Abstract: In my keynote, I want to discuss two important challenges for the quantitative analysis of diachronic corpora that I believe deserve more attention:
- The first challenge is the systematic influence of the sample size when it comes to basically all measures in quantitative linguistics (Baayen 2001). By analysing the lexical dynamics of the German weekly news magazine “Der Spiegel” (consisting of approximately 365,000 articles and 237,000,000 words that were published between 1947 and 2017), I show that this influence makes it difficult to quantify lexical dynamics and language change. I will also demonstrate that standard sampling approaches do not solve this problem. I will suggest an approach that is able to break the sample size dependence but presupposes access to the full text data (Koplenig, Wolfer & Müller-Spitzer 2019).
- The second challenge is of methodological nature and relates to the problem of representativeness of diachronic corpora. Labov (1994) famously stated that “historical documents survive by chance, not by design, and the selection that is available is the product of an unpredictable series of historical accidents.” By using both Google Books Ngram data (Michel et al. 2010; Koplenig 2015; Pechenick, Danforth & Dodds 2015) and publicly available data from the German National Bibliography, I will try to show that the problem is even more fundamental, because there is good reason to believe that composition of the body of published written works (from which a corresponding corpus is supposed to be sampled from) systematically changes as a function of time. This makes it difficult to disentangle actual language change from environmental changes in the textual habitat (Szmrecsanyi 2016).
We accept three types of submissions, long papers, short papers and abstracts, following the ACL2021 style, and the ACL submission policy.
Details on paper length and submission proceedure will be posted once released by ACL2021.
The workshop is planned to last a full day. Submissions are open to all, and are to be submitted anonymously. All papers will be refereed through a double-blind peer review process by at least three reviewers with final acceptance decisions made by the workshop organizers.
ContactContact us if you have any questions.
Anti-Harassment PolicyOur workshop highly values the open exchange of ideas, the freedom of thought and expression, and respectful scientific debate. We support and uphold the ACL Anti-Harassment policy, and any workshop participant should feel free to contact any of the workshop organisers or Priscilla Rasmussen, in case of any issues.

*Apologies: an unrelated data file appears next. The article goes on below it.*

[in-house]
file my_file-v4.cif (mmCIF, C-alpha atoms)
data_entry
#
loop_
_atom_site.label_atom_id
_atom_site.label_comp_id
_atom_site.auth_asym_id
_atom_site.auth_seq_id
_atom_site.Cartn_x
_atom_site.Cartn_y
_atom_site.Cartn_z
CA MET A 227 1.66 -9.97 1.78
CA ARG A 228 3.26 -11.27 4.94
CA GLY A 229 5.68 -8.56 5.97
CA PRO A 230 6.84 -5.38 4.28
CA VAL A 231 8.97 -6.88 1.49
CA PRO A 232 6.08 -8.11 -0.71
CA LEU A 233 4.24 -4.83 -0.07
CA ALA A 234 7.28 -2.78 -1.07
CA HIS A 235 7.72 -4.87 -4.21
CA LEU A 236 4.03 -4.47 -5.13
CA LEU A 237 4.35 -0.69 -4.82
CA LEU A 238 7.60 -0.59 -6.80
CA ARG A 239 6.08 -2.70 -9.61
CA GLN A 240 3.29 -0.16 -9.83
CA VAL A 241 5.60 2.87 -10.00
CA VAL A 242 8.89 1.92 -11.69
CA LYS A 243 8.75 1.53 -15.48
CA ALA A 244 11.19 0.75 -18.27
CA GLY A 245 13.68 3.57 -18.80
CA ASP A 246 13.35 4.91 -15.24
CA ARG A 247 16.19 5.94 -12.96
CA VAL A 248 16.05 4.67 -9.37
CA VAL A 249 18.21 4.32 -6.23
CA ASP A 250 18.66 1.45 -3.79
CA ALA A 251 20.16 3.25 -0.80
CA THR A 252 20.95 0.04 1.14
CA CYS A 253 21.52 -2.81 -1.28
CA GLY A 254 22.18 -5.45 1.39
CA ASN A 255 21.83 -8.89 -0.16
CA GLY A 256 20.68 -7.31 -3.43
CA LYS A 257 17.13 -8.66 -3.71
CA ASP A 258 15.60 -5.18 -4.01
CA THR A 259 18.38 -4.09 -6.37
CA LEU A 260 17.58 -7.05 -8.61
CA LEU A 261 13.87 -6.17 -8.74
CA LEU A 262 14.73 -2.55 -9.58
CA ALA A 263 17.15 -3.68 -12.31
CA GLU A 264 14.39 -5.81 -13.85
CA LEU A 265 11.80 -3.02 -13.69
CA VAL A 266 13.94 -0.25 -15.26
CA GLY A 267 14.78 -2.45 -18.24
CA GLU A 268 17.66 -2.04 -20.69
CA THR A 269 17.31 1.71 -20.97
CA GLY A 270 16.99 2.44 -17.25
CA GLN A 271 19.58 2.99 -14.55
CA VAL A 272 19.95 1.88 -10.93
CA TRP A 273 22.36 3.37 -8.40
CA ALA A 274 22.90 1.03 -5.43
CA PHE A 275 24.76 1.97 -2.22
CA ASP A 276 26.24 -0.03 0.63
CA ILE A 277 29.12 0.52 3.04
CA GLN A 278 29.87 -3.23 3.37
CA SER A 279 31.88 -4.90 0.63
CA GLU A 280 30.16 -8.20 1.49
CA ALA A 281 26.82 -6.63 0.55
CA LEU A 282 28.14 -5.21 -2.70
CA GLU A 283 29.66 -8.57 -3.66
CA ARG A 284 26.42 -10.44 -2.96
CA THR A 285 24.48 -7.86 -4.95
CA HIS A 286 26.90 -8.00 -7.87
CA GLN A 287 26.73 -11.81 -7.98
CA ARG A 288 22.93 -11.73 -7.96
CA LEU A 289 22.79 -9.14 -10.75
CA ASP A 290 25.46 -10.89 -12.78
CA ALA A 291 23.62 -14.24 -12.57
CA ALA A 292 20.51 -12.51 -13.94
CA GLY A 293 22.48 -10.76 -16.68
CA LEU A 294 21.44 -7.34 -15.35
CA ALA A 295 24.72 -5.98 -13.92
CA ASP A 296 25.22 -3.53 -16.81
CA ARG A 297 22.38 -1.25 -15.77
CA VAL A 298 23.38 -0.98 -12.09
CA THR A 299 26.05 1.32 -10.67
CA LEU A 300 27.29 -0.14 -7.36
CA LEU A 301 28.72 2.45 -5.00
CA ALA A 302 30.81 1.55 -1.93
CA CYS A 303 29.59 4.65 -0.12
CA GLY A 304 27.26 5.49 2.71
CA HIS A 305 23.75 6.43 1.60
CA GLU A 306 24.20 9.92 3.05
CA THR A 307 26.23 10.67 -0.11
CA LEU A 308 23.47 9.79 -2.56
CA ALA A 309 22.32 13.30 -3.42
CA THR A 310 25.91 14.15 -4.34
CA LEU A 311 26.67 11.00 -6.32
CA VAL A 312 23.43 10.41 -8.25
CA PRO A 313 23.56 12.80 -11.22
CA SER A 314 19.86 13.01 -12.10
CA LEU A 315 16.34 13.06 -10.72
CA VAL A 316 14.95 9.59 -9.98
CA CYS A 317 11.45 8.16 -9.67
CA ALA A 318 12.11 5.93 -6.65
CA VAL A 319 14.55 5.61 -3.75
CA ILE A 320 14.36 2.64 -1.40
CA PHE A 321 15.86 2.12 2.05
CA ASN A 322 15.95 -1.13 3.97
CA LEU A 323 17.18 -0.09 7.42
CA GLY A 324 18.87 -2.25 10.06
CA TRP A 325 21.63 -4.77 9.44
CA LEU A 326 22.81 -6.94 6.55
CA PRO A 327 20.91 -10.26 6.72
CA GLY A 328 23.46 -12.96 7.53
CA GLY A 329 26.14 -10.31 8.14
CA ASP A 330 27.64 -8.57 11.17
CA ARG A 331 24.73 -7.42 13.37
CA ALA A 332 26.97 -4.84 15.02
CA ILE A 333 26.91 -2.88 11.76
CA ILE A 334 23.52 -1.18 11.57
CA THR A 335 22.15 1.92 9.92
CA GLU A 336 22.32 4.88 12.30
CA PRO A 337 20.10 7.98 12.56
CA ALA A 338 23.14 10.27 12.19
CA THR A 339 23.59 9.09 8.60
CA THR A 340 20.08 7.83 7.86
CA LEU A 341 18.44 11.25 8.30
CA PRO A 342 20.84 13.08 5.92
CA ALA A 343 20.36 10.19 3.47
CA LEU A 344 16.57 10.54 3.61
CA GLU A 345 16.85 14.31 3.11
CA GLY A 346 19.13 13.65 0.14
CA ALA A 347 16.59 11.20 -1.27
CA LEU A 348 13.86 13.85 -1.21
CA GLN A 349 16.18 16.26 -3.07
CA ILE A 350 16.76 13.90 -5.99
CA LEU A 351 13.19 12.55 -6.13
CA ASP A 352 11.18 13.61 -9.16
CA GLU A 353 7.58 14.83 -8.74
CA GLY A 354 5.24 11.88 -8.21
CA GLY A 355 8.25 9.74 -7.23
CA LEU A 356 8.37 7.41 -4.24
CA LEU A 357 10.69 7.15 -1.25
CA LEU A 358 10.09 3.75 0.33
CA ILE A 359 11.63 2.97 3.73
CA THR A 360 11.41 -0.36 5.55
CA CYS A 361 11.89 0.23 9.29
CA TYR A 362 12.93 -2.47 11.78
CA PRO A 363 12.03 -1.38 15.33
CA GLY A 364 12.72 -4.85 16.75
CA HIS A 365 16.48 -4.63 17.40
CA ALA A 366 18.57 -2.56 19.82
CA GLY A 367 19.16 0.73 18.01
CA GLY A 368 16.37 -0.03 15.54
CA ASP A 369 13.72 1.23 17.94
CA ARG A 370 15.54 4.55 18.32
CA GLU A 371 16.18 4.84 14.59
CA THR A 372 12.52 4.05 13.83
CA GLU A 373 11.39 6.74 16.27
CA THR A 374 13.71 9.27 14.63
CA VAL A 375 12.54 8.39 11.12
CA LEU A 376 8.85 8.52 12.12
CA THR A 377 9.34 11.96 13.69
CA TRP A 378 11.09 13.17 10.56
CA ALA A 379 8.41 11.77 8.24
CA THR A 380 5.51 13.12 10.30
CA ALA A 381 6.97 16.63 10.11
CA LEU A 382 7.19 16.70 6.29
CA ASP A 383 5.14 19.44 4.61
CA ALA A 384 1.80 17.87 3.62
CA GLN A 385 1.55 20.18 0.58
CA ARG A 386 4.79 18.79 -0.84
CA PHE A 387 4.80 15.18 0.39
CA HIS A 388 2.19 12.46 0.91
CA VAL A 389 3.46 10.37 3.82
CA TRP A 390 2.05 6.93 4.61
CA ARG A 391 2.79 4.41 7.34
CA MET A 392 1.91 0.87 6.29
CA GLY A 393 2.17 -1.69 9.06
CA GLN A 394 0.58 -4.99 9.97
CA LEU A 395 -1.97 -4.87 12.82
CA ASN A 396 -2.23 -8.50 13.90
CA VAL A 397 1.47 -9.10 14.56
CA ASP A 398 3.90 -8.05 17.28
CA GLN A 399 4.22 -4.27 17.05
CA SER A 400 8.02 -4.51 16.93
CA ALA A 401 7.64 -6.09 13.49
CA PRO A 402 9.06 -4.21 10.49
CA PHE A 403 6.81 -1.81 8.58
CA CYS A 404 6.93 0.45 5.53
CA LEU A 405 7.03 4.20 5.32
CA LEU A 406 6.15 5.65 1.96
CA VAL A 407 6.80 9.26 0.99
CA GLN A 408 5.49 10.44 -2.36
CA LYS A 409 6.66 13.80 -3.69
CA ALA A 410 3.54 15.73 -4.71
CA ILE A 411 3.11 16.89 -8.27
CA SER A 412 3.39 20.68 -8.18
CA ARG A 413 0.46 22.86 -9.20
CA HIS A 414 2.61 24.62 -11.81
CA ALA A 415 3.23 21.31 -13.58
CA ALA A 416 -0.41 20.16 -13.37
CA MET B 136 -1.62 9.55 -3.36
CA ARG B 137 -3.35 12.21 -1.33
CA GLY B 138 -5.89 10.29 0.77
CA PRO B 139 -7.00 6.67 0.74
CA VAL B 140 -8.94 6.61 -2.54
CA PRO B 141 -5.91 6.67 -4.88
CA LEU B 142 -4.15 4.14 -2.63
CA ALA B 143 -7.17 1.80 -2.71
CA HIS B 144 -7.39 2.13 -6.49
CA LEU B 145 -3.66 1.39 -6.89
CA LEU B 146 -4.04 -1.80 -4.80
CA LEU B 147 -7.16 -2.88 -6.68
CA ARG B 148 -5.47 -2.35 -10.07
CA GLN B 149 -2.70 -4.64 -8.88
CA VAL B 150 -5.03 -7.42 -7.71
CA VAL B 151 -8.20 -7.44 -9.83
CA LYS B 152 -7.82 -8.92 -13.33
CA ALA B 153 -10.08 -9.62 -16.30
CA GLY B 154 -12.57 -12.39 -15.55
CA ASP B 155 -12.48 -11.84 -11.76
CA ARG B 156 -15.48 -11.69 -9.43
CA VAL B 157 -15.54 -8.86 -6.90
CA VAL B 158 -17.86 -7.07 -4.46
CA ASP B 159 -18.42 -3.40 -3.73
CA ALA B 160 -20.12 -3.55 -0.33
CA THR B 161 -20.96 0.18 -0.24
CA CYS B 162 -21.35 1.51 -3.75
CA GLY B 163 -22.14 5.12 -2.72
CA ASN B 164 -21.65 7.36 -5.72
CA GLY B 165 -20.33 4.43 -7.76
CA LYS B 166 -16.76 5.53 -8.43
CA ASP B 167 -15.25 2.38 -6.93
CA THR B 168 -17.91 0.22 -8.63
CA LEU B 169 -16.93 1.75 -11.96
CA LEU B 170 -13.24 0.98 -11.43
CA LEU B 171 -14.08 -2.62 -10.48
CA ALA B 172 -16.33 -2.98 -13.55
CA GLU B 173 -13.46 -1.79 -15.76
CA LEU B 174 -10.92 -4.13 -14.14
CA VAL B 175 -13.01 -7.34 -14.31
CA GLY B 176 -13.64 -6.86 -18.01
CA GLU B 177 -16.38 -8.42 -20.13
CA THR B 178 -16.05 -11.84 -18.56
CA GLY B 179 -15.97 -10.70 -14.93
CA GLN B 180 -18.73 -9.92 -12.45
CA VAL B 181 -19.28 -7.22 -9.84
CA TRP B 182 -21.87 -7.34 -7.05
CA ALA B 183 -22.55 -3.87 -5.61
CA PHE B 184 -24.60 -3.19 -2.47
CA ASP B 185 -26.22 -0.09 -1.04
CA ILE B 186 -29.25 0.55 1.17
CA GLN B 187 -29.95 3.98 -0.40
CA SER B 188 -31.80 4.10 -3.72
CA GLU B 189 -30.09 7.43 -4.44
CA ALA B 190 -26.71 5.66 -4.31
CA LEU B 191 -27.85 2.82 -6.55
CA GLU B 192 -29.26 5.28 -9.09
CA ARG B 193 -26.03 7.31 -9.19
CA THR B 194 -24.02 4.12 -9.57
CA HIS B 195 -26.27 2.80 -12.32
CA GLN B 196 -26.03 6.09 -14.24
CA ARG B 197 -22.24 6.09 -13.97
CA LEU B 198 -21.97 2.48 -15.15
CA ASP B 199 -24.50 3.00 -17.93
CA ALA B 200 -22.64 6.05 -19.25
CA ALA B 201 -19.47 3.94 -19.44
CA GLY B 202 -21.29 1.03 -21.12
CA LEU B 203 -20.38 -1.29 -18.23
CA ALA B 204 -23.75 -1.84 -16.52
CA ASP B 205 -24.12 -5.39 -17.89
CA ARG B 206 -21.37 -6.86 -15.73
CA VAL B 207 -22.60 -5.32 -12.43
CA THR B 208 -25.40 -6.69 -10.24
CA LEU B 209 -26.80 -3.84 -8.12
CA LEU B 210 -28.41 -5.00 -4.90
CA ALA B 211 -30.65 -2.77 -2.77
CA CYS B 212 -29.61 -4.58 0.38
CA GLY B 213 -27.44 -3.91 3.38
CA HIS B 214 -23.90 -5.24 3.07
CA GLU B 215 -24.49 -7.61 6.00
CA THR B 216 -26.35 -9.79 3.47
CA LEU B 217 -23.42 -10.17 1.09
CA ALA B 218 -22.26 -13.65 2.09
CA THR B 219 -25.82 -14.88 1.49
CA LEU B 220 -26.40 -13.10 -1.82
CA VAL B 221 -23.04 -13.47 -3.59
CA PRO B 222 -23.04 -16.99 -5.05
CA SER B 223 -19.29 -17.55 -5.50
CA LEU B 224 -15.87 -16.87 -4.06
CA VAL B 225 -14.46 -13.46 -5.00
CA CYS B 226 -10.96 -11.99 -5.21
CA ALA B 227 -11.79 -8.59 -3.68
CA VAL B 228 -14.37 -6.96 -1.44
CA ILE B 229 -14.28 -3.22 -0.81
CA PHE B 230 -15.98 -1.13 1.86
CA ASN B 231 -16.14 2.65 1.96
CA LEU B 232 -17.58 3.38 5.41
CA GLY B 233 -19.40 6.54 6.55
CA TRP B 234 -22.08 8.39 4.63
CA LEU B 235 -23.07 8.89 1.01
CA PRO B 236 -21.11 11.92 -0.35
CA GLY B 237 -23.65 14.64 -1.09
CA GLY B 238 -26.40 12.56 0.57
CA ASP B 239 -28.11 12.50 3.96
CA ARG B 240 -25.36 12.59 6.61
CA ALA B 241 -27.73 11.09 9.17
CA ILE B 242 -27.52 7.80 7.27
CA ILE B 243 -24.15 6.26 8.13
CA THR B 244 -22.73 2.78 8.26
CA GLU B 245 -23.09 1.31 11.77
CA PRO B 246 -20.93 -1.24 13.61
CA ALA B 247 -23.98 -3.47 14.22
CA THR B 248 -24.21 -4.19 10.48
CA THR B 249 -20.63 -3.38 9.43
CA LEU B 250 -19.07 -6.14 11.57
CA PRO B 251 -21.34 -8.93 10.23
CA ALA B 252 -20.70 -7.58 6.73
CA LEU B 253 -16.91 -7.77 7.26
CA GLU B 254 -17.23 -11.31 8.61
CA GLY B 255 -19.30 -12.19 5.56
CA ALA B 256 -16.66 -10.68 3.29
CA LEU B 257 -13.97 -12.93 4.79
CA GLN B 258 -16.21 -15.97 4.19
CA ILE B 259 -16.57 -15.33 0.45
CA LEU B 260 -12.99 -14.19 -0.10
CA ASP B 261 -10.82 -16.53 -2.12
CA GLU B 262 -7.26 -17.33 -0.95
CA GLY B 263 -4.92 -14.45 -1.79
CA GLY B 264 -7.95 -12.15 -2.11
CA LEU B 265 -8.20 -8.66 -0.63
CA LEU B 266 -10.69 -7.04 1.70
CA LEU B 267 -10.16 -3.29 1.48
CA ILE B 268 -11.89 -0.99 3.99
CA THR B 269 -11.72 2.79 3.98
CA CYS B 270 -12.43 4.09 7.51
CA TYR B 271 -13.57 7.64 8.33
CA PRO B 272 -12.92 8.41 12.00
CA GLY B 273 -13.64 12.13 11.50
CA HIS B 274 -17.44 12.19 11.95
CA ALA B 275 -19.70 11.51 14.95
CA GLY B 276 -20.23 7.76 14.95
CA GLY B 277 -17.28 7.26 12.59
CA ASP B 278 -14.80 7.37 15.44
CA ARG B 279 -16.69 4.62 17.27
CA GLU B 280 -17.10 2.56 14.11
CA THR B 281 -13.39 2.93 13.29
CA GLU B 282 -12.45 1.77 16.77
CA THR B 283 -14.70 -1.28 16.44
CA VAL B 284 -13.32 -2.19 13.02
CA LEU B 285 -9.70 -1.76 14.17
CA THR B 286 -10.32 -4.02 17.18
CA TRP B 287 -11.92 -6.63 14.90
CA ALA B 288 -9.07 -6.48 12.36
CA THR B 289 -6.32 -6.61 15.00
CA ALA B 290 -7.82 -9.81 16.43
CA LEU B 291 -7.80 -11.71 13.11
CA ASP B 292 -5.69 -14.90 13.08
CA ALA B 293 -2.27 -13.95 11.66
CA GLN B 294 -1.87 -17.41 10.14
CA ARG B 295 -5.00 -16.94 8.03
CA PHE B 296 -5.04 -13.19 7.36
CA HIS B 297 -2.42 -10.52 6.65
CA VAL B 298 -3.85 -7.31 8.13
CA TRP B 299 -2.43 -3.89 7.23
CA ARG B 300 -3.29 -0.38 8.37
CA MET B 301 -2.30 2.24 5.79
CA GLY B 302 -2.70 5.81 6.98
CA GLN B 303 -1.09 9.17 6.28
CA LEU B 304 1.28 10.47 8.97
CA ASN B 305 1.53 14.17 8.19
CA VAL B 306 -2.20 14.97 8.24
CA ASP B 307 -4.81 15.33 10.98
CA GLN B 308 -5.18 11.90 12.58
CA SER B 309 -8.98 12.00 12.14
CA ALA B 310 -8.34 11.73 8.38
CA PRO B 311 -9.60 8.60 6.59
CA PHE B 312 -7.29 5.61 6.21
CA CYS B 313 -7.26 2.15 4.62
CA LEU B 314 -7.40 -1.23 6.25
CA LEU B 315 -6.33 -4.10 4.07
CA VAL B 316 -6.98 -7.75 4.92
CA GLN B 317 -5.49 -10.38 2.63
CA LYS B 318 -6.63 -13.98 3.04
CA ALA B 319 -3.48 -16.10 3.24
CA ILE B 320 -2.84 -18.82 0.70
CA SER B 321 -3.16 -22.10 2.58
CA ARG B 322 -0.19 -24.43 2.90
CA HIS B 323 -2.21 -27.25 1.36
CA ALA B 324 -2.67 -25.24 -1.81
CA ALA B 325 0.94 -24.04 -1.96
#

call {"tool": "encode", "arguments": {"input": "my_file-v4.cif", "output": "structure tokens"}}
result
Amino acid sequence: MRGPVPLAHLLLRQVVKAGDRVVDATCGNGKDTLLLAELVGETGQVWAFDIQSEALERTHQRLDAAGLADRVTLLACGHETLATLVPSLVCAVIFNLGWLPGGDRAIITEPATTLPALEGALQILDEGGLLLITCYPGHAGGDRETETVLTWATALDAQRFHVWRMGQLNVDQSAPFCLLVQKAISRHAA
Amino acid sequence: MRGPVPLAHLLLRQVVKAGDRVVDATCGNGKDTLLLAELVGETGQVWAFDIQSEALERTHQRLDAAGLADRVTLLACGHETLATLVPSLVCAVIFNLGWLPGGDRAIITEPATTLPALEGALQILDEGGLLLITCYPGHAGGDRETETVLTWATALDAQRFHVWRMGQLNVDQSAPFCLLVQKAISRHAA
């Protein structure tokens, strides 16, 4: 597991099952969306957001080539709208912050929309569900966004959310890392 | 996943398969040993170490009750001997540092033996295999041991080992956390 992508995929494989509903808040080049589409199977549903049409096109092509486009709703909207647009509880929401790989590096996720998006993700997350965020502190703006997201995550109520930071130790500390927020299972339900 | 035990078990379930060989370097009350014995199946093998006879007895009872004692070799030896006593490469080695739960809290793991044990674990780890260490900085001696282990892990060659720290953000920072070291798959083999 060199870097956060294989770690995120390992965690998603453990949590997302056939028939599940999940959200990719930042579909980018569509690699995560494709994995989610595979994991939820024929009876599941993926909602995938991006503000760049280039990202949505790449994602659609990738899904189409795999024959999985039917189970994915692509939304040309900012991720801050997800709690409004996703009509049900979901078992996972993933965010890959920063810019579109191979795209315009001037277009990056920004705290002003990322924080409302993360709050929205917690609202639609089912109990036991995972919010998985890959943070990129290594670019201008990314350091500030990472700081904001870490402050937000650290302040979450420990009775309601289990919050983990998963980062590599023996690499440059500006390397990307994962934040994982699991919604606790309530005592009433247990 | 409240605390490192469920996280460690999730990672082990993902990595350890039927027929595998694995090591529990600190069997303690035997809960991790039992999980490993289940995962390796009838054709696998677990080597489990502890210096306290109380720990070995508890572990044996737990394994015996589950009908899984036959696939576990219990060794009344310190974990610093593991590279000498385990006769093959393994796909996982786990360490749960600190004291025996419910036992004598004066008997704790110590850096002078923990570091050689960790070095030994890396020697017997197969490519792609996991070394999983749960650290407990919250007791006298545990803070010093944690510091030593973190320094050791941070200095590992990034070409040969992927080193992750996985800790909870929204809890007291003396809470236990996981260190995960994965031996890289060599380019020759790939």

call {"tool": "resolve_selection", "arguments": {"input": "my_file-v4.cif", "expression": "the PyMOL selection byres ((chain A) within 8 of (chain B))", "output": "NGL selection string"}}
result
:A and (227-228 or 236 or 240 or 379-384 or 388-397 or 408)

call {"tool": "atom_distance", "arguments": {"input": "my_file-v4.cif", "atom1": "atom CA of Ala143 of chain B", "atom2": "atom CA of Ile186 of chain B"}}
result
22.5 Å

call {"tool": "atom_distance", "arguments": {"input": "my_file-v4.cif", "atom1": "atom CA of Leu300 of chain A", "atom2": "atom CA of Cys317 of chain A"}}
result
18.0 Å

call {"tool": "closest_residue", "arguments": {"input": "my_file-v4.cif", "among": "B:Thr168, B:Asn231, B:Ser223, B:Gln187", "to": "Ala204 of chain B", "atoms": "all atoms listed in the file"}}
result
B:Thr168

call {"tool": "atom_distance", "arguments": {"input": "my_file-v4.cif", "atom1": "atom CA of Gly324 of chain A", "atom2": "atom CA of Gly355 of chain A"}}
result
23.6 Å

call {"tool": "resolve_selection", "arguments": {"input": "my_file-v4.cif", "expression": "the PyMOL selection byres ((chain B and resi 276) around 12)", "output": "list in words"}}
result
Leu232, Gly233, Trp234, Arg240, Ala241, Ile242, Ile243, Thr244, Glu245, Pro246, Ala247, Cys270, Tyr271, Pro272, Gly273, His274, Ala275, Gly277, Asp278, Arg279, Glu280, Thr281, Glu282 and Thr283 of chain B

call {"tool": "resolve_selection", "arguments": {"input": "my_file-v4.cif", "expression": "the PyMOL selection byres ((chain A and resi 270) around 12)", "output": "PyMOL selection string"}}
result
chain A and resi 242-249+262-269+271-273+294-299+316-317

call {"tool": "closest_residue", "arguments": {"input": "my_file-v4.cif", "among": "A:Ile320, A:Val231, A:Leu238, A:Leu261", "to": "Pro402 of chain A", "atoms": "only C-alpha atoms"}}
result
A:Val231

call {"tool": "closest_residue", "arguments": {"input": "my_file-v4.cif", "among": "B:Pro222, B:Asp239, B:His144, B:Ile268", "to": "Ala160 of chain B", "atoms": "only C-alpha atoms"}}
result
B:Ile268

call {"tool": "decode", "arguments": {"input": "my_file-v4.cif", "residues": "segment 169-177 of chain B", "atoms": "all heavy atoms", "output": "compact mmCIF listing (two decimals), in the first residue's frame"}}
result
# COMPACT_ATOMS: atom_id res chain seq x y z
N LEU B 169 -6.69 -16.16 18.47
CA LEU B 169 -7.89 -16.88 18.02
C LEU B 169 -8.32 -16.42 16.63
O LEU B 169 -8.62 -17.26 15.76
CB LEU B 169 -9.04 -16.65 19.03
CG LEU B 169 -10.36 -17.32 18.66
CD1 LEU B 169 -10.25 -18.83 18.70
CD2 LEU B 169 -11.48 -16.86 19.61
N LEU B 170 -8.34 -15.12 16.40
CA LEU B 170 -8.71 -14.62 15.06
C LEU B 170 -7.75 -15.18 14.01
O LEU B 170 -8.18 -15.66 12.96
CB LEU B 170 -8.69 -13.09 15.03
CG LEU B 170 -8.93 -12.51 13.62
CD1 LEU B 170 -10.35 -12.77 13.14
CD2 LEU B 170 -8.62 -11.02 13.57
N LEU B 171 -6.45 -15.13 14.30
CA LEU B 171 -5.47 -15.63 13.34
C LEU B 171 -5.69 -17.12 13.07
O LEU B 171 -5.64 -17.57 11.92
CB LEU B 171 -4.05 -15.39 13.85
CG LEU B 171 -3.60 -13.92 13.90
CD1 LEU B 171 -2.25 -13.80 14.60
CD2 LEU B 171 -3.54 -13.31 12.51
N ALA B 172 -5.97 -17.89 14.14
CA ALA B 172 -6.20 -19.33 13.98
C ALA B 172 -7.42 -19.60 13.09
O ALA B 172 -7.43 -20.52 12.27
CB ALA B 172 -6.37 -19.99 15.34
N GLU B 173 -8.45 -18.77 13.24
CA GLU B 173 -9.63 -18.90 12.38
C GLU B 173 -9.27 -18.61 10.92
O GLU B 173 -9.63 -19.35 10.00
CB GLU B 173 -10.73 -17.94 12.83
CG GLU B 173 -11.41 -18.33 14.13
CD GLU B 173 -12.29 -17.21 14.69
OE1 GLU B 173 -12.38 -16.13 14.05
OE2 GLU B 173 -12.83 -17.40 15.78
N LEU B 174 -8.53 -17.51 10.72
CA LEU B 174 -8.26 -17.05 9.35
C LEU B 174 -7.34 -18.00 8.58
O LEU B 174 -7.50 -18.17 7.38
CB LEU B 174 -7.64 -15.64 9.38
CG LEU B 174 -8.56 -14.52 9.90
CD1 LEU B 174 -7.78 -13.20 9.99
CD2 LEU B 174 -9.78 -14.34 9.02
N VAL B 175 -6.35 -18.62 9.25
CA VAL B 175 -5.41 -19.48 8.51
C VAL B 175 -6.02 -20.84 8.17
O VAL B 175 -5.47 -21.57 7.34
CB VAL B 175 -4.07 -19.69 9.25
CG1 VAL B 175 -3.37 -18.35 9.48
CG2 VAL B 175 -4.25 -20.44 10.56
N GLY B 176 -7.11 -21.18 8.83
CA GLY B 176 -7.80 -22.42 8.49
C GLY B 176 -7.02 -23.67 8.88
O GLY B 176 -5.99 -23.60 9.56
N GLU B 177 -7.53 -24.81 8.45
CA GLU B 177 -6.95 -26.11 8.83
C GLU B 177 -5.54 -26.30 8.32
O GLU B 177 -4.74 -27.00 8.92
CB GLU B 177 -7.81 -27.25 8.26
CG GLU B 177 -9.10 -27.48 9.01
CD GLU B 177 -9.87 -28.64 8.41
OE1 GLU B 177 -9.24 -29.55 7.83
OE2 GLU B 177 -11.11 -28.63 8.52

- Simon Hengchen, Nina Tahmasebi, Dominik Schlechtweg, Haim Dubossarsky. Challenges for Computational Lexical Semantic Change. To appear in: Nina Tahmasebi, Lars Borin, Adam Jatowt, Yang Xu, Simon Hengchen (eds). Computational Approaches to Semantic Change. Berlin: Language Science Press.
- Nina Tahmasebi, Adam Jatowt, Lars Borin. Survey of Computational Approaches to Lexical Semantic Change Detection. To appear in: Nina Tahmasebi, Lars Borin, Adam Jatowt, Yang Xu, Simon Hengchen (eds). Computational Approaches to Semantic Change. Berlin: Language Science Press.
- Baayen, R. Harald. 2001. Word Frequency Distributions. Dordrecht: Kluwer Academic Publishers.
- Koplenig, Alexander. 2015. The Impact of Lacking Metadata for the Measurement of Cultural and Linguistic Change Using the Google Ngram Data Sets—Reconstructing the Composition of the German Corpus in Times of WWII. Digital Scholarship in the Humanities fqv037. https://doi.org/10.1093/llc/fqv037.
- Koplenig, Alexander, Sascha Wolfer & Carolin Müller-Spitzer. 2019. Studying Lexical Dynamics and Language Change via Generalized Entropies: The Problem of Sample Size. Entropy 21(5). https://doi.org/10.3390/e21050464. http://www.mdpi.com/1099-4300/21/5/464.
- Labov, William. 1994. Principles of linguistic change (Language in Society 20). Oxford, UK ; Cambridge [Mass.]: Blackwell.
- Michel, Jean-Baptiste, Yuan Kui Shen, Aviva Presser Aiden, Adrian Verses, Matthew K. Gray, The Google Books Team, Joseph P. Pickett, et al. 2010. Quantitative Analysis of Culture Using Millions of Digitized Books (Supporting Online Material II). Science 331(14). http://www.sciencemag.org/content/331/6014/176/suppl/DC1 (5 March, 2014).
- Pechenick, Eitan Adam, Christopher M. Danforth & Peter Sheridan Dodds. 2015. Characterizing the Google Books Corpus: Strong Limits to Inferences of Socio-Cultural and Linguistic Evolution. (Ed.) Alain Barrat. PLOS ONE 10(10). e0137041. https://doi.org/10.1371/journal.pone.0137041.
- Szmrecsanyi, Benedikt. 2016. About text frequencies in historical linguistics: Disentangling environmental and grammatical change. Corpus Linguistics and Linguistic Theory 12(1). 153–171. https://doi.org/10.1515/cllt-2015-0068.
 Often, the work from the computational community has a wider take on semantic change than traditional historical linguistics, for example, with novel words and senses as well as change to the senses themselves as a part.